Styled design: The way of the artworker


Scott West

Studio Manager

Posted on June 25, 2015

We often talk about the importance of designers when discussing great branding. But in our quest for the perfect design, it can be easy to overlook an additional role that’s crucial to building a brand that’s going to work out in the real world.

We don’t just need great designers; we need skilled artworkers too.

It’s the artworker’s role to take a creative vision and make it useful to an organisation. It’s their job to keep things consistent, transferable, cost-effective and allow for growth – all factors that are fundamental to a brand’s success.

The importance of tidy design

An artworker’s process involves, out of necessity, a lot of tidying up. Designs may come from the designer in a form that looks good, but that proves almost impossible to work with by anyone but the designer themselves. Text boxes with different stylings, manually-drawn tables, random layering and hard returns to make things fit all look fine to us, but if anyone ever needs to change anything, they’ll quickly hit big problems.

It’s here an artworker comes into their own. Their polished design may look exactly the same as the designer’s version, but it will be in a usable form that will make your branding and marketing projects run like clockwork.

Planning for the future

Organisations need their branding to be flexible and easy-going. Marketing projects can involve a diverse range of people across multiple departments and agencies, and branding needs to be able to respond to changing factors over long time-periods. The same people that work on a design in the beginning may not be there a year or two down the line when you’re ready to launch a new branded campaign or product line

An artworker looks at the bigger picture of branded design, thinking about who will need to interact with it both now and in the future, and what might maximise its potential use. What looks like a lot of fussy changes and nit-picking in the beginning is actually about infusing design with a ‘no big deal’ functionality that’s well worth it in the long-run.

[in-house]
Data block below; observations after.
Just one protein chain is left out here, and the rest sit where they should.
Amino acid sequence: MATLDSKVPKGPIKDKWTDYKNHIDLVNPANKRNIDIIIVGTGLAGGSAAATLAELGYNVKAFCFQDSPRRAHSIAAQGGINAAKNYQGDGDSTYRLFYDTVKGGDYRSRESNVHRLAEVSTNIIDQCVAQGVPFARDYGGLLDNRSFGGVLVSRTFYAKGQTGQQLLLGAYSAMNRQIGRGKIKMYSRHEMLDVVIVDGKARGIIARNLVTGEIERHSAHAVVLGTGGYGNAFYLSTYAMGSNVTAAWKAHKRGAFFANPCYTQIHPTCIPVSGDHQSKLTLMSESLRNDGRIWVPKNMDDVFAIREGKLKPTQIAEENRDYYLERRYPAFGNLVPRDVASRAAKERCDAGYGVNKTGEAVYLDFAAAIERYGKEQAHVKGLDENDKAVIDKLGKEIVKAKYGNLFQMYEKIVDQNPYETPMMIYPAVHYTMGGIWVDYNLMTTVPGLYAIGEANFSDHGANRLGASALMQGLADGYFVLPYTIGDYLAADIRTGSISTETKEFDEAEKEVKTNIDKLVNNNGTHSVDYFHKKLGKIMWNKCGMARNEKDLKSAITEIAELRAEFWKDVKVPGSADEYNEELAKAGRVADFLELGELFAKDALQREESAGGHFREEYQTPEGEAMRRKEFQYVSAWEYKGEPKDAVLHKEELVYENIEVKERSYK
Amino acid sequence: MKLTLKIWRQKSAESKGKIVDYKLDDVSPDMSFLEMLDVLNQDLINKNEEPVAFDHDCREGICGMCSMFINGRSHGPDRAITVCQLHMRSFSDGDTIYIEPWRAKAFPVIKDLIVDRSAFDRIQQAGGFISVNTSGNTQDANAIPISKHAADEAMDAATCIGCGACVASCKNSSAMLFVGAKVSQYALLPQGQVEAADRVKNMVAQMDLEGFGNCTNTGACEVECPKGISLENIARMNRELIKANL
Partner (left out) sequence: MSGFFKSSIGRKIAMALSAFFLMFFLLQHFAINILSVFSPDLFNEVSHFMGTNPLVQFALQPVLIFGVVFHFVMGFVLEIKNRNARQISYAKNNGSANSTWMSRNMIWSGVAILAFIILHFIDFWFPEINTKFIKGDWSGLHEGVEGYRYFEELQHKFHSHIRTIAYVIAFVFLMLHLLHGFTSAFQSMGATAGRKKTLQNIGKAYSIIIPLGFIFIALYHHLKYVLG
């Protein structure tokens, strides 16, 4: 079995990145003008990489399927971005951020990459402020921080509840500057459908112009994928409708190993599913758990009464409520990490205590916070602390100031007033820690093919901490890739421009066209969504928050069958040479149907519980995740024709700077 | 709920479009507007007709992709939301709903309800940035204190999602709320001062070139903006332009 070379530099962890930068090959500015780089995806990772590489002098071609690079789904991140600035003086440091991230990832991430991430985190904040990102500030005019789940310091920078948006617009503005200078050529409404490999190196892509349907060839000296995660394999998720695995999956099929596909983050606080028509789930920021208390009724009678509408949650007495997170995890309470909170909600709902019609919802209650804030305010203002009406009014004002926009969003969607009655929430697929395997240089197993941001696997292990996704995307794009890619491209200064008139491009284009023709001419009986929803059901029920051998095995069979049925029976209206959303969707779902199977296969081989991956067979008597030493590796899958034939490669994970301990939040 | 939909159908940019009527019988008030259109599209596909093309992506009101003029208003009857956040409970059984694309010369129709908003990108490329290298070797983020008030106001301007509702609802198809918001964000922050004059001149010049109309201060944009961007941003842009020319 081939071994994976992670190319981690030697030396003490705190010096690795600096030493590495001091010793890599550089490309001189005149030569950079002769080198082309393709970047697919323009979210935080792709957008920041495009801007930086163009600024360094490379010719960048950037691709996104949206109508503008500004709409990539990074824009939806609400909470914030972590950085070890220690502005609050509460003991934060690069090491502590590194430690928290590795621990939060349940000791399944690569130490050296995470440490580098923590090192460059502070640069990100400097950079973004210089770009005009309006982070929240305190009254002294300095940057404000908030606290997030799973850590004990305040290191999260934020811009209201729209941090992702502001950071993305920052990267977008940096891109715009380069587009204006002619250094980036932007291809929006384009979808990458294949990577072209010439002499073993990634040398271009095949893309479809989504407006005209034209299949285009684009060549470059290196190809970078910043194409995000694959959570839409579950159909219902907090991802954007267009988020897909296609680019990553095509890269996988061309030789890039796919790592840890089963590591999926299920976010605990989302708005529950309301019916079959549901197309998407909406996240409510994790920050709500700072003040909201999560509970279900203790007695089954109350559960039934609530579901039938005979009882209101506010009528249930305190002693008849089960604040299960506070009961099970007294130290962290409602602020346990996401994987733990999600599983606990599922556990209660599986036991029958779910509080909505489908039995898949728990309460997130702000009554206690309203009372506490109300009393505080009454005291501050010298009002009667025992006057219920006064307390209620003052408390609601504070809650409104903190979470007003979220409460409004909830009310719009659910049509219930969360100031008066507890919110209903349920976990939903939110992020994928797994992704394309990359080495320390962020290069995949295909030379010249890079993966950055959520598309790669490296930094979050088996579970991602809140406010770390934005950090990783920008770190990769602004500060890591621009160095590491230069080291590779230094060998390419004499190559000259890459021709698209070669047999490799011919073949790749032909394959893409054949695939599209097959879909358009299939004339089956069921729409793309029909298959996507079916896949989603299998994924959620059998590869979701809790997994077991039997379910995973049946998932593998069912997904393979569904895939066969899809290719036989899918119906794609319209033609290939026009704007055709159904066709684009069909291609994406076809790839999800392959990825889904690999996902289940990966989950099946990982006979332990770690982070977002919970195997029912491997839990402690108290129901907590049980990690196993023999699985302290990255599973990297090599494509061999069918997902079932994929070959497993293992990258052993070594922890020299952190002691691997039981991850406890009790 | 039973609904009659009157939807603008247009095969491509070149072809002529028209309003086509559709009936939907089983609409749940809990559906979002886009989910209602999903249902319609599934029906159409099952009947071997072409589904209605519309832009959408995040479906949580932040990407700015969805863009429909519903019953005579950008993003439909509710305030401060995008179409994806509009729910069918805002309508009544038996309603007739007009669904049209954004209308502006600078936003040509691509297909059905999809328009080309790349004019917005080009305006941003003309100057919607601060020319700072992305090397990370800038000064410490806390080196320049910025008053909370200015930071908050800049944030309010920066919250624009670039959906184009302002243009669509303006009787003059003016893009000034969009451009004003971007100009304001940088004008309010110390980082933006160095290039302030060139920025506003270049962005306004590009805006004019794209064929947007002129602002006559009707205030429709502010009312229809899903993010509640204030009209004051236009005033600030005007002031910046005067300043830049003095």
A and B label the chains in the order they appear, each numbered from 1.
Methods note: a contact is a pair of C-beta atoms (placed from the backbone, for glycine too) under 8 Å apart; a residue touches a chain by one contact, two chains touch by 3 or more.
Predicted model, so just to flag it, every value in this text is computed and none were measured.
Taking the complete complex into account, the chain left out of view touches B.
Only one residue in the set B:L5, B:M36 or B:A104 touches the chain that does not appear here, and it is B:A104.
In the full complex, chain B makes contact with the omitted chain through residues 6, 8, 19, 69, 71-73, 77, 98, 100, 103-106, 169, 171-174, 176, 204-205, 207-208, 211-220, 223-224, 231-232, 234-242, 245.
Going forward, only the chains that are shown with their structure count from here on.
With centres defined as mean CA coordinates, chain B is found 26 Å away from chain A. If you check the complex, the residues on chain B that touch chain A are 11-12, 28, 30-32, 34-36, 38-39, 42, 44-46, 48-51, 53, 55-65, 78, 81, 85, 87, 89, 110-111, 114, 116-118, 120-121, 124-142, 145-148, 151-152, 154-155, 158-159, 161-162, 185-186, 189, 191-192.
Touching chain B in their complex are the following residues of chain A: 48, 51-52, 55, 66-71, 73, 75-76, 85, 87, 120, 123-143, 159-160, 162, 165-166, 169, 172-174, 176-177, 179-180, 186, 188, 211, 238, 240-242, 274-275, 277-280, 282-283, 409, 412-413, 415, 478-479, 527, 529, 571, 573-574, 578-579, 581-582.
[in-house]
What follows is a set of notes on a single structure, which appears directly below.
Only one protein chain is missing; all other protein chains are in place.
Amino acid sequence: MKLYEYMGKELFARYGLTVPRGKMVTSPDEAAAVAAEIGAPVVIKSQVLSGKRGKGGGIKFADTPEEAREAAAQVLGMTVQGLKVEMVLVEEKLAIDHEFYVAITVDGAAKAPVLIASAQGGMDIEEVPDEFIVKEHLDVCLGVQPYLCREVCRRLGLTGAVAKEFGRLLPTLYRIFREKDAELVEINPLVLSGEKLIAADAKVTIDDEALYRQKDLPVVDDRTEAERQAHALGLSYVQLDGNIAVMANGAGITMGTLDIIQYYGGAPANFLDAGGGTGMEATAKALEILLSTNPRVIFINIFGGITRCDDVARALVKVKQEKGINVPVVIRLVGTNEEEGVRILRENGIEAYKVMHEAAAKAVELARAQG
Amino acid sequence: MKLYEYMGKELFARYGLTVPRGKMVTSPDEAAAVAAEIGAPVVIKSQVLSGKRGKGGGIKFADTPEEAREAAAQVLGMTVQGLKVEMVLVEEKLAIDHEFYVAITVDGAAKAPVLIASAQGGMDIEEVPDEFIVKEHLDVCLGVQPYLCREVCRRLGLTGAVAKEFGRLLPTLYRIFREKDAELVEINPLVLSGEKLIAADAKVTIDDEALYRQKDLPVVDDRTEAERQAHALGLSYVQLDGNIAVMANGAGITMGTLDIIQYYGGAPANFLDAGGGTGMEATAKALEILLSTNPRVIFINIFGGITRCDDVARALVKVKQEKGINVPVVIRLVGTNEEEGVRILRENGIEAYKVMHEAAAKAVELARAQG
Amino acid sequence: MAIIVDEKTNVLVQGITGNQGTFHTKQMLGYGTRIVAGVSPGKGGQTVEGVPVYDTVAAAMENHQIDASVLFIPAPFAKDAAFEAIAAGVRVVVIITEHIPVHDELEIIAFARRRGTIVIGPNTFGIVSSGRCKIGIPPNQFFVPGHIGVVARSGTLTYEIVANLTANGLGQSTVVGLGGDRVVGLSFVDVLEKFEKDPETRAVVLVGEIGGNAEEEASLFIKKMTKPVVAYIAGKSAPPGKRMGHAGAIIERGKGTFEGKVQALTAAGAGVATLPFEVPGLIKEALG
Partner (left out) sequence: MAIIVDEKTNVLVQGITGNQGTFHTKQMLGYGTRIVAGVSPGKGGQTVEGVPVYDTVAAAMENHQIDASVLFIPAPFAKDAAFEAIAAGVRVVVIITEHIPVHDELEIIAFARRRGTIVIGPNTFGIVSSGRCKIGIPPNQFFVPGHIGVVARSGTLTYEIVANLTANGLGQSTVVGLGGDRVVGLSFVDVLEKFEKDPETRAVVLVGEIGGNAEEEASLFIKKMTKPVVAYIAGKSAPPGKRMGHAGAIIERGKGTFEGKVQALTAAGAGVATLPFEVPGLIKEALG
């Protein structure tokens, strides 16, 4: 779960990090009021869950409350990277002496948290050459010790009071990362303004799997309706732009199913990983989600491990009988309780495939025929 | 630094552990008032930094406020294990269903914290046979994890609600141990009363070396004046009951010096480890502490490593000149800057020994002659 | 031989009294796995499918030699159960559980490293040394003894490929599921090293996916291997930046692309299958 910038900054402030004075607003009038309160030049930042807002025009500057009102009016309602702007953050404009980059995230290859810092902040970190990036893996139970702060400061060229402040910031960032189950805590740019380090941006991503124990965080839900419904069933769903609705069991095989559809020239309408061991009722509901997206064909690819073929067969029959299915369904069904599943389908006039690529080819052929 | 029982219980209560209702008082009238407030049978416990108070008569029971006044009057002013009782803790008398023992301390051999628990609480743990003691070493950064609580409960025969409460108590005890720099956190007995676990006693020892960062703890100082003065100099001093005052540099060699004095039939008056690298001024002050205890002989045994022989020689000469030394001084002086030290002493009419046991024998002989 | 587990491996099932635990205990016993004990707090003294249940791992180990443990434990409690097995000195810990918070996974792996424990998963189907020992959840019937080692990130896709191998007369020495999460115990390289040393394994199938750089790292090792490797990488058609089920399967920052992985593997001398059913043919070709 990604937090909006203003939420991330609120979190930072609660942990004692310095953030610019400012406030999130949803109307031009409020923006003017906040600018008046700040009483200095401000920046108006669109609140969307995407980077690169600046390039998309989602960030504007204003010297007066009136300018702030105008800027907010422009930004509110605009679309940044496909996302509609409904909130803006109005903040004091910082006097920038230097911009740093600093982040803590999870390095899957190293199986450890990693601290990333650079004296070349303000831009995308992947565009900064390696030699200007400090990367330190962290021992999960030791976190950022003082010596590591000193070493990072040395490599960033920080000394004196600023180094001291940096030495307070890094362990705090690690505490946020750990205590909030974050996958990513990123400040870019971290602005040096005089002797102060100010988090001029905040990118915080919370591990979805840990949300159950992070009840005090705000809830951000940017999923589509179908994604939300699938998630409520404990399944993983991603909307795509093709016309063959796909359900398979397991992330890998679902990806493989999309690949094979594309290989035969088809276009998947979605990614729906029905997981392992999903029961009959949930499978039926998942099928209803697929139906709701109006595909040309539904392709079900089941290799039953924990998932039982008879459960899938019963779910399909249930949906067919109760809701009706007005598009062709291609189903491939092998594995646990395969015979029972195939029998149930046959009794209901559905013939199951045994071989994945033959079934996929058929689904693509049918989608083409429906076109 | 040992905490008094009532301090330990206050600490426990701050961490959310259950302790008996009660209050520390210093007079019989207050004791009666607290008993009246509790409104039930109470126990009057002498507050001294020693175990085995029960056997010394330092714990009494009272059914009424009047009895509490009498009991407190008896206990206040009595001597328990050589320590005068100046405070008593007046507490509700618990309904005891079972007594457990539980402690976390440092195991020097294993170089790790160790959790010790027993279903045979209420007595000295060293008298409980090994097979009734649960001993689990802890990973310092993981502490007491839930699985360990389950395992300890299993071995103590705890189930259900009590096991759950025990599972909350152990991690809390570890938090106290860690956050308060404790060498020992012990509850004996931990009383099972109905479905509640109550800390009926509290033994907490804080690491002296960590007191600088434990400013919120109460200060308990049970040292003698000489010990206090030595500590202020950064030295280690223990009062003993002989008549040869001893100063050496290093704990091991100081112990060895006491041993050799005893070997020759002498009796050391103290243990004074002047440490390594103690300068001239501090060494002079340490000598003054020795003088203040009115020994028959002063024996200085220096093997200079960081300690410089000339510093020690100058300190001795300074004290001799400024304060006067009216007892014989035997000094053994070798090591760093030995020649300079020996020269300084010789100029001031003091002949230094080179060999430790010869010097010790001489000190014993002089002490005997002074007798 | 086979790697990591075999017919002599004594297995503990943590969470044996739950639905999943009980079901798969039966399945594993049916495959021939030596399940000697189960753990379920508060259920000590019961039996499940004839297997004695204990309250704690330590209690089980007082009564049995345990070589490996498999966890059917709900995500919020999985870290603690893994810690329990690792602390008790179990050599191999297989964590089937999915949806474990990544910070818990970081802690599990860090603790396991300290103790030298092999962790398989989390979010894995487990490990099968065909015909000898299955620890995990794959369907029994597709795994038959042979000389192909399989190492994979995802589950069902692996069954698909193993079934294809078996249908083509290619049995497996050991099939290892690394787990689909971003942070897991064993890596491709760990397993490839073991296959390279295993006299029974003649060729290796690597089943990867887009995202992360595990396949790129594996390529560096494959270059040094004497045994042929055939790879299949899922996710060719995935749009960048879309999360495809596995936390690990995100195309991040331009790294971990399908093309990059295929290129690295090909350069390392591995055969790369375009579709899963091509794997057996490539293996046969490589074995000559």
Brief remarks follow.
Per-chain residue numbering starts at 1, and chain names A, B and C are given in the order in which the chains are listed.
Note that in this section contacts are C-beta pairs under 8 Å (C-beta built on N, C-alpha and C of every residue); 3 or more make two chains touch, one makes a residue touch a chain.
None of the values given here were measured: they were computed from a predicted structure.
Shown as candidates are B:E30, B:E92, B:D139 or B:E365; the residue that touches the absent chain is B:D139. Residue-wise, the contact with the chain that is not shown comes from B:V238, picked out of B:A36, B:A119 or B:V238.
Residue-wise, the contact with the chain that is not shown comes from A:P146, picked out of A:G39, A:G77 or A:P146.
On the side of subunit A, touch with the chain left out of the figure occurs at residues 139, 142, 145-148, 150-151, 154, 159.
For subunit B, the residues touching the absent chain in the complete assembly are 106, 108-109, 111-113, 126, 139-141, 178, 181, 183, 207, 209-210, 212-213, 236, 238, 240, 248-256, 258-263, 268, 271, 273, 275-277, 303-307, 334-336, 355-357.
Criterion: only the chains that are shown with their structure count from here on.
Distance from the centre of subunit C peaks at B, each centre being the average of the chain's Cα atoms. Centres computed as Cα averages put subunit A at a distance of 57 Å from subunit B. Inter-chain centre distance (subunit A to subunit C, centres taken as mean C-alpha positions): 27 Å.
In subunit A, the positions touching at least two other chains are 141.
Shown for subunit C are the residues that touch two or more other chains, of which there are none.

Design, after all, is a long-term investment. It needs to be able to grow and change as the business and its opportunities do for it to be worth what can be a substantial outlay and commitment.

The four crucial factors

Central to successful branding is the ability to keep a brand consistent across many platforms and types of literature. By styling four aspects of the design, artworkers help to make this possible.

1. Paragraphs

Paragraph styles are what help to keep text looking how we want it to. Making sure text has the right text style applied means the same ‘rules’ are applied automatically wherever the text is used, by whoever is using it. These rules incorporate character attributes such as font, size, style, and colour, along with paragraph attributes such as indents, alignment, tabs and hyphenation.

Text that hasn’t been formatted correctly has a tendency to take on a life of its own, changing and misbehaving as it’s moved and edited: a massive headache for anyone trying to work with it.

2. Tables

Tables, if anything, can be even more frustrating if not styled well. By formatting table and cell styles and applying consistent style rules, rows and columns will all look uniform and allow data to be added and edited easily, without throwing off the design.

3. Threaded text

Threading text links text areas so that text automatically flows from one to another. If we think of text boxes as separate ponds, then threading is the drainage system that joins them to stop one flooding, evenly distributing the contents.

This can be a huge help, especially in big, copy-heavy financial brochures, when you’re supplied with new, updated copy to replace existing text. No more cutting and pasting to try and make content fit defined text areas – threading will let it flow neatly through the document automatically.

4. Anchored objects

Anchored objects help text, images and tables flow and work together, rather than just sitting on top of one another.  As text is moved and amended, anchored objects will allow the text to move and flow around them – no more randomly floating objects that you have to try and reposition whenever you make even minor changes to your copy.

We think artworkers are the unspoken heroes of great brand implementation. It’s always worth valuing their role and making use of design agencies that recognise their importance.

It’ll make your life easier, and your brand go further.